Harris Billings, Staff Writer
November 20, 2015
Marisol Touraine, France’s minister of social affairs, health and women’s rights announced on Nov. 4 that France is lifting its three-decade-long ban on gay and bisexual men donating blood.
“Giving one’s blood is an act of generosity and of civic responsibility that cannot be conditioned by sexual orientation,” said Touraine in an official statement.
This coming spring, men who have sex with men will be allowed to donate blood for the first time since 1983.
Well, sort of.
Only men who have not been sexually active with other men 12 months prior to donating blood will be allowed to so, and only men who have had a single partner at least four months prior to donation will be allowed to donate plasma.
In a year, officials will decrease this deferral period to match those for heterosexual men only if studies show there is no increased health risk to the public.
In America, however, the same ban is still in place.
“It’s pretty much unfounded in science,” said junior Colin Nollet. “There is nothing that really says there is something with gay and bi men’s blood.
“It’s just institutionalized prejudice.”
These bans originated in the 1980s and were a response to the HIV/AIDS epidemic. These bans were seen as necessary because testing for HIV was slow and inaccurate.
With a blood drive coming to our campus next month, this has become especially relevant.
“Giving blood gives a sense of purpose and belonging to a community because it makes you feel like you are giving back,” said Nora Prokosch, junior and former coordinator for Project Community, a volunteer program led by students that organizes the blood drive every year.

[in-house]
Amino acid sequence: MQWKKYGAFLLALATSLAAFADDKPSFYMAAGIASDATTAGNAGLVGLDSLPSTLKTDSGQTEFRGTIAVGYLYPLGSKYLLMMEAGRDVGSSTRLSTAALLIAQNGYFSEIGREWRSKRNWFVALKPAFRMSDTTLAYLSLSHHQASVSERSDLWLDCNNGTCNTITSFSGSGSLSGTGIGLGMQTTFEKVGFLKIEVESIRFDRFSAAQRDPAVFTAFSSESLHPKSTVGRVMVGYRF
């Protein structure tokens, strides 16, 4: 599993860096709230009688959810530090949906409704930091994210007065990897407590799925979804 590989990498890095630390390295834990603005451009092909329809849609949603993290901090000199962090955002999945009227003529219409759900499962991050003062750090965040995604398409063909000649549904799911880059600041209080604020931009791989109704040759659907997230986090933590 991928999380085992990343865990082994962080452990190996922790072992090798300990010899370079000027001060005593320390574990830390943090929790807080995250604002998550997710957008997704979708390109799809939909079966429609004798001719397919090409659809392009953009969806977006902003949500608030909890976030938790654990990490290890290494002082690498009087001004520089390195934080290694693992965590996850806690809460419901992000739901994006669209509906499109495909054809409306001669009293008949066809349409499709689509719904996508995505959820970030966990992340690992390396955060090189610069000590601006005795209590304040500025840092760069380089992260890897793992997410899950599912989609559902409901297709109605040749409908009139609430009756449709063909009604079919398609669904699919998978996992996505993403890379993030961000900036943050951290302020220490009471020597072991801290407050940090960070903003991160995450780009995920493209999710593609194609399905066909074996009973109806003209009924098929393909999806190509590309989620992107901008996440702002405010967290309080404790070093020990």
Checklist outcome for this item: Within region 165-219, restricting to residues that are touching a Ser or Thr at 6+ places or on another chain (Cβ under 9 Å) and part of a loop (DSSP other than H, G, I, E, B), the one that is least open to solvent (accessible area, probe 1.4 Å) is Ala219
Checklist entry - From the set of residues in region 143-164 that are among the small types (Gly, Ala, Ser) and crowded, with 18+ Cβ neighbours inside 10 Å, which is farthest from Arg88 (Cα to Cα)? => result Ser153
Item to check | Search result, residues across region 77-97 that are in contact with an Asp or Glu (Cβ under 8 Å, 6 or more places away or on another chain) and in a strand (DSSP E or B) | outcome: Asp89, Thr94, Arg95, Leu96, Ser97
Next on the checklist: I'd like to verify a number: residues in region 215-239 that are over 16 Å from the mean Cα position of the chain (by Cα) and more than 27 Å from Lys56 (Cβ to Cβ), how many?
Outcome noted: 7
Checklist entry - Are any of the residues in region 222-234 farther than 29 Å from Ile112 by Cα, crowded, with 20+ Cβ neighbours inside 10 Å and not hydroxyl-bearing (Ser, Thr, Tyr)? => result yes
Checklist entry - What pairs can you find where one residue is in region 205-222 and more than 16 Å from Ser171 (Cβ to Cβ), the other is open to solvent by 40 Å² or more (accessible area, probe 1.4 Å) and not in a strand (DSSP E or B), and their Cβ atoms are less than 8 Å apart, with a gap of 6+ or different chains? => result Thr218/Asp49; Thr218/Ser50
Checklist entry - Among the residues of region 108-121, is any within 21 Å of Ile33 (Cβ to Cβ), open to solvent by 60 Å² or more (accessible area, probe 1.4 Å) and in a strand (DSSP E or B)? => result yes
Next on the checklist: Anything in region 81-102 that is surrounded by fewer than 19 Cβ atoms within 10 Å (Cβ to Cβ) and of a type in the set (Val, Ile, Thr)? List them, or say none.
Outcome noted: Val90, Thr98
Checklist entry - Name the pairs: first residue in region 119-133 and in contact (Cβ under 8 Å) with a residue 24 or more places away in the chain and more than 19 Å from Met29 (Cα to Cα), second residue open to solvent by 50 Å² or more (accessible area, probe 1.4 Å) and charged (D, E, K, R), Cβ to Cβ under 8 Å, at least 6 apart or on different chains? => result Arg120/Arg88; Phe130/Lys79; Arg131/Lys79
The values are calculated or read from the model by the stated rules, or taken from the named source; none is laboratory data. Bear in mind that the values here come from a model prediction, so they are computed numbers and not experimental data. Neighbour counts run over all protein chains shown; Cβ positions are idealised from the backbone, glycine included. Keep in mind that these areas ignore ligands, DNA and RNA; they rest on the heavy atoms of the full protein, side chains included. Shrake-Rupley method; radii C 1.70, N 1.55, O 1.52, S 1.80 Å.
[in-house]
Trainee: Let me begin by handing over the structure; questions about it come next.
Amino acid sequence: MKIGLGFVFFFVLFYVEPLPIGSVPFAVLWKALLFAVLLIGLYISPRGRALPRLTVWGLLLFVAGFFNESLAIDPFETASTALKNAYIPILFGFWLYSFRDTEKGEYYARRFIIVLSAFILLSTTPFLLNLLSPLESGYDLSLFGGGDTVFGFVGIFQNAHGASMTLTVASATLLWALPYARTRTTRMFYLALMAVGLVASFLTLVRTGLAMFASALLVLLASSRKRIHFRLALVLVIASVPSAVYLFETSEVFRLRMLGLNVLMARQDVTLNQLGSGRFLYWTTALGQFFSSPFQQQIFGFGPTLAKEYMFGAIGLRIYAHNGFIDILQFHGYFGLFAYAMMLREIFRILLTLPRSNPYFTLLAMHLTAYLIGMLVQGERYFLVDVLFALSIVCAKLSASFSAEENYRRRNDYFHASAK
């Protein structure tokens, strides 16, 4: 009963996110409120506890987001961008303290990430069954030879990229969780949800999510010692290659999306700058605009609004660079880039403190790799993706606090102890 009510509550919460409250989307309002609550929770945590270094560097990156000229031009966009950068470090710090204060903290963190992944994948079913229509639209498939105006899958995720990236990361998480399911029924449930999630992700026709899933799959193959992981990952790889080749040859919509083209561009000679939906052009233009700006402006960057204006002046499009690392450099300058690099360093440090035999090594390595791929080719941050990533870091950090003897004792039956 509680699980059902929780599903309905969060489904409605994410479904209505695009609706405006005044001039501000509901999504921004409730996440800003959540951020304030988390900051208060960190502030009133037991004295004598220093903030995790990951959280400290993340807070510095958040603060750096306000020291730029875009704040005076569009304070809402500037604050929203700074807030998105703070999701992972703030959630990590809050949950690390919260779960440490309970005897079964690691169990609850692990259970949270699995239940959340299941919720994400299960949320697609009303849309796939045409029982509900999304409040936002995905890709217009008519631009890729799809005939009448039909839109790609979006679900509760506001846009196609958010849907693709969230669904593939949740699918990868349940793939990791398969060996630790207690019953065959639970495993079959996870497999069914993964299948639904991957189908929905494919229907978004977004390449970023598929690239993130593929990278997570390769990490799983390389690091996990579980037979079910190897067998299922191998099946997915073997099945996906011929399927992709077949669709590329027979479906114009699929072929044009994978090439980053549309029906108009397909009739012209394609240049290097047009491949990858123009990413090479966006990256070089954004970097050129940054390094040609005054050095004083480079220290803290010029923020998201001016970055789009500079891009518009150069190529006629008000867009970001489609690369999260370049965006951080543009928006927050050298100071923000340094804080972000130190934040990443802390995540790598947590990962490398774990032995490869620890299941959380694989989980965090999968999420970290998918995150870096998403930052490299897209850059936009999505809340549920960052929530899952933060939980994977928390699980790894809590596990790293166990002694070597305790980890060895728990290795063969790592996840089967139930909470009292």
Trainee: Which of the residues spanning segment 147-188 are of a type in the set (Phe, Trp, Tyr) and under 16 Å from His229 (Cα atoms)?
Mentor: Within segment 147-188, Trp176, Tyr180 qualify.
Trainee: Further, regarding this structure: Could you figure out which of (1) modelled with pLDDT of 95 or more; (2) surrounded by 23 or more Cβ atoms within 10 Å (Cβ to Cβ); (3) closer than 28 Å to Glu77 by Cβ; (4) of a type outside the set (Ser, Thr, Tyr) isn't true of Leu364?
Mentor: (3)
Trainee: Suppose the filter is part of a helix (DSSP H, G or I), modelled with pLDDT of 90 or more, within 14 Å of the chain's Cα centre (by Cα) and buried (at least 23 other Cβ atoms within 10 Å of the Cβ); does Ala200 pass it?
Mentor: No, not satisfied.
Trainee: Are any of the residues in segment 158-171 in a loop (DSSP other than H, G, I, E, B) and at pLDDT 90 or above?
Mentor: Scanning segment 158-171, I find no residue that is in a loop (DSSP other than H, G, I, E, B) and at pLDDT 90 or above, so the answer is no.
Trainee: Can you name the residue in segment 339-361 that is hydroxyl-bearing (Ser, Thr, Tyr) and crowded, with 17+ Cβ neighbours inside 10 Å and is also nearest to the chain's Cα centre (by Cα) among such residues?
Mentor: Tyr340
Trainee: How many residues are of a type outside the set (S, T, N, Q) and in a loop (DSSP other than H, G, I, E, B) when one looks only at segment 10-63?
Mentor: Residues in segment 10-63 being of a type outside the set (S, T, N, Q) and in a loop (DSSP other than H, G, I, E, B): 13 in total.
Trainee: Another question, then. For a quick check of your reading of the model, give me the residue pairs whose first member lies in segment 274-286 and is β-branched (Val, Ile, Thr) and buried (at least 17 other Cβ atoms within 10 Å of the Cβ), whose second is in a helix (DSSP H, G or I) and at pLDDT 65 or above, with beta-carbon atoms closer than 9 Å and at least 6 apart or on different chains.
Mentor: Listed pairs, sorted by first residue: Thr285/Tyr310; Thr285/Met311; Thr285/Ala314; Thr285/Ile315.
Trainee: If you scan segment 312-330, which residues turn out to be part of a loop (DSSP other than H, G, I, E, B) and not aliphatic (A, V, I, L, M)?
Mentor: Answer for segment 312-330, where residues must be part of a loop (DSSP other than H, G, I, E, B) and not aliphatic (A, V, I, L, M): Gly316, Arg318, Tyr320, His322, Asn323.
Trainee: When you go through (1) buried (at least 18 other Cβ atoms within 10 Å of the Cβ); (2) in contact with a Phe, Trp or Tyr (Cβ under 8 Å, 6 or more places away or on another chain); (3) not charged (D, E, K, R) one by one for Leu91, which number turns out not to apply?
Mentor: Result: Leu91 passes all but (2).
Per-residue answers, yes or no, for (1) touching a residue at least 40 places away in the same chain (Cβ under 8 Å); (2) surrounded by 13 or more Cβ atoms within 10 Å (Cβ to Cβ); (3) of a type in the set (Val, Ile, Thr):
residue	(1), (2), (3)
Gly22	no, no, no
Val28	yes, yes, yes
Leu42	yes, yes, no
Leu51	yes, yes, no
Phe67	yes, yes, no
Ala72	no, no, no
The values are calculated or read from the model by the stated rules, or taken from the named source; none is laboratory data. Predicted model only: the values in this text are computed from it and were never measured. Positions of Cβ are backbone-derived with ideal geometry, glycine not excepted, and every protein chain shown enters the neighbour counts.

“You know your blood will be given to someone who really needs it.”
Under these regulations, however, men who have sex with men are unable to give back to their communities in such a way.
“It refuses an entire pool of healthy blood-donating individuals,” said Nollet. “In simple words, it’s bulls—.”
There have been proposals for lifting this lifetime ban in America, but men would still have to have to completely abstain from sex with other men for an entire year prior to donation.
Many consider this still deeply rooted in prejudice towards gay and bisexual men, rather than focused on the specific behaviors that would make anyone’s blood unsuited for donation.
“This ban is perpetuating homophobia in America,” said Julia Tyson, sophomore and president of Guilford PRIDE. “It is spreading stereotypes about gay and bi men that are incorrect and diminishing a diverse and valuable group of people to simply their sexuality.
“A person should not be defined by who they sleep with, and this ban makes it seem like that’s ok.”
At the moment, it is unclear as to how France’s policy towards this issue will change after this first phase, or whether or not America will follow its example.